Using her joint North Carolina Sea Grant – WRRI fellowship award to cover transportation costs, Zhang visited over 40 elementary schools in the Wake County public school system, recording an inventory of the kinds of green structures on each elementary school’s grounds.
From this survey work, Zhang found that three to four of the elementary schools have rain gardens, 17 elementary schools have an edible garden, 29 elementary schools have a flower garden and 32 elementary schools have woodlands, which are inaccessible to students due to the potential dangers within them. Additionally, Zhang only found six schools with retention ponds – a GI designed to capture stormwater runoff – despite the fact that, her findings show, impervious surfaces occupy an average of 38% of the schools’ grounds.
Zhang then worked with public elementary school teachers, compensating them for their participation with funds from her award.
“I will prepare questionnaires for students and teachers about what kind of GI they think are important and the benefits they view from their schoolyard,” Zhang explains.
Despite the monetary compensation, one of Zhang’s most prominent challenges has been garnering teacher participation. While she sends over 1,000 emails to fourth- and fifth-grade teachers, only a few respond, since many teachers are already busy with their job’s workload.
However, teachers that do participate hand out Zhang’s surveys to their students, helping her understand the full scope of how students interact with the GI available to them.
Based on the survey results, Zhang finds that the lowest frequency activities listed on her surveys include exploring the woods, looking at animals or insects and spending time in gardens, revealing that activities relating to nature are not popular activities among these students.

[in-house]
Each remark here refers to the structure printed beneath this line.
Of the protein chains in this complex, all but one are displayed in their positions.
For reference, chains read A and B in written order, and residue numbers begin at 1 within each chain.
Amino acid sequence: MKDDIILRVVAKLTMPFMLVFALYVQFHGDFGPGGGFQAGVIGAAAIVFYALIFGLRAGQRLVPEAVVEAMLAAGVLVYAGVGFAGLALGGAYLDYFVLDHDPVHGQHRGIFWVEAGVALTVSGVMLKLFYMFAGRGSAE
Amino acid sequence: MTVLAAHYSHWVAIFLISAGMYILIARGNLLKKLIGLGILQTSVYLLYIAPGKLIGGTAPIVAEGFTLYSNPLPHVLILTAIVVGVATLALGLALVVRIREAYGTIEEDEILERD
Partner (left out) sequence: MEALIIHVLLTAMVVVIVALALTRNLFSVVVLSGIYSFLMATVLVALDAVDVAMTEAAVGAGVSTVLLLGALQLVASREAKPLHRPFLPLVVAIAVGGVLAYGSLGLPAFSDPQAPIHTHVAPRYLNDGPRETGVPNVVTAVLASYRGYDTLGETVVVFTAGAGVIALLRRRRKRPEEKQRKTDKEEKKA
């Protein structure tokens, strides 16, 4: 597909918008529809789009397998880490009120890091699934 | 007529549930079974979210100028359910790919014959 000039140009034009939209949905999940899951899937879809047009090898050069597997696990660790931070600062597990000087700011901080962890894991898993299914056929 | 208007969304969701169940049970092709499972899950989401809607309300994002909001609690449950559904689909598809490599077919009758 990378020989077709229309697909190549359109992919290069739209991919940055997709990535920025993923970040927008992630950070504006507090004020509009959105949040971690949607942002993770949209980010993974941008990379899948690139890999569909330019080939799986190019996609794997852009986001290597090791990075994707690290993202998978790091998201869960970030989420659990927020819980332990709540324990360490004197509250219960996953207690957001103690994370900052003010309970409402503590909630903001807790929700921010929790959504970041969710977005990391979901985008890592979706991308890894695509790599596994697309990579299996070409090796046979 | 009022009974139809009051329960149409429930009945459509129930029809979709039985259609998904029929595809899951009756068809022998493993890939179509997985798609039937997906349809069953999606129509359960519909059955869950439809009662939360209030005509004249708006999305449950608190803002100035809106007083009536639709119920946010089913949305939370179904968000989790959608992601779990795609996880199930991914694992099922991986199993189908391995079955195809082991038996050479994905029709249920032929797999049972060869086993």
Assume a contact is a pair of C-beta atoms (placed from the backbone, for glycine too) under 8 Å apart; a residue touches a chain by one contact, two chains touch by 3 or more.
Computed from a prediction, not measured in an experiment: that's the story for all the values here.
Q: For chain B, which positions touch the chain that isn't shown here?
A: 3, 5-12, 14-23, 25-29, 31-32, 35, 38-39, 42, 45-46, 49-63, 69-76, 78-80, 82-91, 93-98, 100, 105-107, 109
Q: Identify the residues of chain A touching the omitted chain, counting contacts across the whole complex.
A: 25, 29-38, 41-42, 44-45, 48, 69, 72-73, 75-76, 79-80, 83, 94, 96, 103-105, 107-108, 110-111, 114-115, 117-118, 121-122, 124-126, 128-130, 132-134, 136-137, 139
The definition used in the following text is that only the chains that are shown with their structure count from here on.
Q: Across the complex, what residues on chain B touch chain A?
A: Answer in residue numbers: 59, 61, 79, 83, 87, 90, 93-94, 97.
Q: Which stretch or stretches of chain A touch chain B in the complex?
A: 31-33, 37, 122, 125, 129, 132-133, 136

To garner a curiosity and appreciation for nature on school grounds, Zhang interacts with fourth- and fifth-grade students through crafts and models that help them envision the benefits of GI.
“We use runoff models that let kids compare the volume of runoff coming from surfaces with different land cover,” Zhang says. “The kids really like those models because [they’re] really engaging. It’s a really unique experience that I got from this research.”
Using simple models with milk bottles, sponges and impervious objects, Zhang demonstrates concepts of impervious surfaces and water infiltration, explaining how green spaces will aid and protect water quality.
Unlike her colleagues, Zhang does not have an extensive background in education and working with children.
“My background is from environmental science. I worked more with plants than people, so it’s a pretty unique situation,” Zhang admits. “It’s my first chance to do surveys and interact with so many people.”
Thanks to these new experiences, Zhang has been learning and adapting quickly throughout her research work and deeply enjoys what she does, especially engaging with fourth and fifth graders personally.
Zhang plans to continue her research with an aim to have GI integrated into public school systems, due to their potential to improve outdoor education for kids and teachers. She hopes her work will be able to break down social barriers to mitigating climate change and solving sustainable challenges.
Currently, Zhang has finished analyzing the survey results and, thus, is preparing multiple manuscripts for different journals, to start sharing her findings to different audiences.
In the future, Zhang will continue using her fellowship to support her travels to conferences, such as the American Geophysical Union annual meeting and the International Conference on Urban Ecological Design.
As Zhang communicates her work to different audiences, she aims to encourage the integration of GI in public systems beyond public schoolyards.
“I would like to provide the pathways to expand the green schoolyards within the municipalities,” Zhang explains. “We can provide the groundwork to benefit the water system.”
From a blog post published on WRRI’s website.